Category Archives: privacy

Cathy O’Neil’s WEAPONS OF MATH DESTRUCTION: A Review

(Revised and updated Monday, 24th October 2016.) Weapons of Math Destruction, Cathy O’Neil, published by Crown Random House, 2016. This is a thoughtful and very approachable introduction and review to the societal and personal consequences of data mining, data science, … Continue reading

Posted in citizen data, citizen science, citizenship, civilization, compassion, complex systems, criminal justice, Daniel Kahneman, data science, deep recurrent neural networks, destructive economic development, economics, education, engineering, ethics, Google, ignorance, Joseph Schumpeter, life purpose, machine learning, Mathbabe, mathematics, mathematics education, maths, model comparison, model-free forecasting, numerical analysis, numerical software, open data, optimization, organizational failures, planning, politics, prediction, prediction markets, privacy, rationality, reason, reasonableness, risk, silly tech devices, smart data, sociology, Techno Utopias, testing, the value of financial assets, transparency | Leave a comment

“Holy crap – an actual book!”

Originally posted on mathbabe:
Yo, everyone! The final version of my book now exists, and I have exactly one copy! Here’s my editor, Amanda Cook, holding it yesterday when we met for beers: Here’s my son holding it: He’s offered…

Posted in American Association for the Advancement of Science, Buckminster Fuller, business, citizen science, citizenship, civilization, complex systems, confirmation bias, data science, data streams, deep recurrent neural networks, denial, economics, education, engineering, ethics, evidence, Internet, investing, life purpose, machine learning, mathematical publishing, mathematics, mathematics education, maths, moral leadership, multivariate statistics, numerical software, numerics, obfuscating data, organizational failures, politics, population biology, prediction, prediction markets, privacy, quantitative biology, quantitative ecology, rationality, reason, reasonableness, rhetoric, risk, Schnabel census, smart data, sociology, statistical dependence, statistics, the right to be and act stupid, the right to know, the value of financial assets, transparency, UU Humanists | Leave a comment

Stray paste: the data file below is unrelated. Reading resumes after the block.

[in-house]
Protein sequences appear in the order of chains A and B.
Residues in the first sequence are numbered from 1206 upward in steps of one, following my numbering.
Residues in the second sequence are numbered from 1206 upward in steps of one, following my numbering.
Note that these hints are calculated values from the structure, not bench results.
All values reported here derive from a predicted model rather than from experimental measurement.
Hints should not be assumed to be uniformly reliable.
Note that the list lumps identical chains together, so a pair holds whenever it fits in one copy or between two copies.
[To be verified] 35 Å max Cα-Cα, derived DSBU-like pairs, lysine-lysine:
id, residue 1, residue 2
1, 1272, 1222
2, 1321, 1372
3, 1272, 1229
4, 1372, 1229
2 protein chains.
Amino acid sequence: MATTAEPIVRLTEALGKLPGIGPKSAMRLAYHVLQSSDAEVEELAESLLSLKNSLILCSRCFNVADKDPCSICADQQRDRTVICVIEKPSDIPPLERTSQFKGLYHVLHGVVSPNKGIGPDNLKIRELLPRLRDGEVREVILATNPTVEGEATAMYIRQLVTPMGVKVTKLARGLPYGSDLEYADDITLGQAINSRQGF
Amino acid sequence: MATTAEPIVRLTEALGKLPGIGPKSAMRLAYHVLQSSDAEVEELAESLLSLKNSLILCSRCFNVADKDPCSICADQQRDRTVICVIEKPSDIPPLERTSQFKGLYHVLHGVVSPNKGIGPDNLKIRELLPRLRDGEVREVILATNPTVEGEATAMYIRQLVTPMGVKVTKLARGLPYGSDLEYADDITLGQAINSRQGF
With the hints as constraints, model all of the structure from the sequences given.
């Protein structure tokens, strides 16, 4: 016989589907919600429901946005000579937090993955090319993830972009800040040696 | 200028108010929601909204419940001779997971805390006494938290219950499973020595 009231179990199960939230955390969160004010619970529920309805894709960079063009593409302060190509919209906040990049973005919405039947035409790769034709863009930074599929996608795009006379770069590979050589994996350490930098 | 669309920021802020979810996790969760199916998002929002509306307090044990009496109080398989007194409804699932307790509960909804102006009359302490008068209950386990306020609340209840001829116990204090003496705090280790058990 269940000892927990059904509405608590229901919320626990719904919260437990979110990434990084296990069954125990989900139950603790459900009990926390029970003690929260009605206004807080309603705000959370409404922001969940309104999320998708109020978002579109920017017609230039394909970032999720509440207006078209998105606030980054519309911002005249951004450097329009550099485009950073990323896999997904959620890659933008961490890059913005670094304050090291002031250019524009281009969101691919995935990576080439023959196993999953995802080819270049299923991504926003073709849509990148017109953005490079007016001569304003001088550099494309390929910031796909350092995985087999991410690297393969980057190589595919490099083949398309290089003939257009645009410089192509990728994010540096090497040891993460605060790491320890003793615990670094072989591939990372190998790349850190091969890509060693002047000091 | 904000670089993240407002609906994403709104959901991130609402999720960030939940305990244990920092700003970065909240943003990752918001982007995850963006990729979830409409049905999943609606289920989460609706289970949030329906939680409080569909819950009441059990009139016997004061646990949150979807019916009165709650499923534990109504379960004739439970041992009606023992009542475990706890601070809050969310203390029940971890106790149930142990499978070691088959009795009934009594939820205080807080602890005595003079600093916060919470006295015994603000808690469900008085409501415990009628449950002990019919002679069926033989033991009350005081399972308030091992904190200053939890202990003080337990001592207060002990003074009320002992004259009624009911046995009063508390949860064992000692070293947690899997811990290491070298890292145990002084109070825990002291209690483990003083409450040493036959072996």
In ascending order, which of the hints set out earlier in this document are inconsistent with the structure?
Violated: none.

energy storage

Where we’ll go should net metering be nixed.

Posted in adaptation, Anthropocene, bridge to nowhere, citizenship, decentralized electric power generation, decentralized energy, demand-side solutions, destructive economic development, distributed generation, economics, efficiency, electricity, electricity markets, energy, energy utilities, engineering, extended supply chains, Hyper Anthropocene, investment in wind and solar energy, microgrids, planning, politics, privacy, public utility commissions, PUCs, rate of return regulation, regime shifts, regulatory capture, Sankey diagram, solar energy, solar power, SolarPV.tv, wind energy, wind power, zero carbon | Leave a comment

Earth Day, my hope

Posted in carbon dioxide, Carl Sagan, Charles Darwin, citizen science, citizenship, civilization, clean disruption, climate, climate change, climate education, compassion, conservation, Darwin Day, demand-side solutions, ecology, economics, education, efficiency, energy reduction, environment, ethics, forecasting, fossil fuel divestment, geophysics, history, humanism, investing, investment in wind and solar energy, IPCC, mathematics, maths, meteorology, NCAR, NOAA, oceanography, open data, open source scientific software, physics, politics, population biology, Principles of Planetary Climate, privacy, probit regression, R, rationality, Ray Pierrehumbert, reasonableness, reproducible research, risk, science, science education, scientific publishing, Scripps Institution of Oceanography, sociology, the right to know, Unitarian Universalism, UU Humanists, WHOI, wind power | Leave a comment

Superstorm Sandy, in New York City

http://nyti.ms/1ruDF81, at The New York Times.

Posted in climate, climate education, economics, energy, environment, forecasting, history, meteorology, privacy, rationality, reasonableness, risk, Uncategorized | Leave a comment

Comment on “How urban anonymity disappears when all data is tracked”, an article in the NY Times

The New York Times has an article titled “How urban anonymity disappears when all data is tracked” by Quentin Hardy which appears in its “Bits” section. I just posted a comment on that article, which is reproduced below: I hope … Continue reading

Posted in citizenship, civilization, economics, education, engineering, Internet, investing, obfuscating data, politics, privacy, probabilistic programming, rationality, reasonableness, risk, statistics, stochastic algorithms | Leave a comment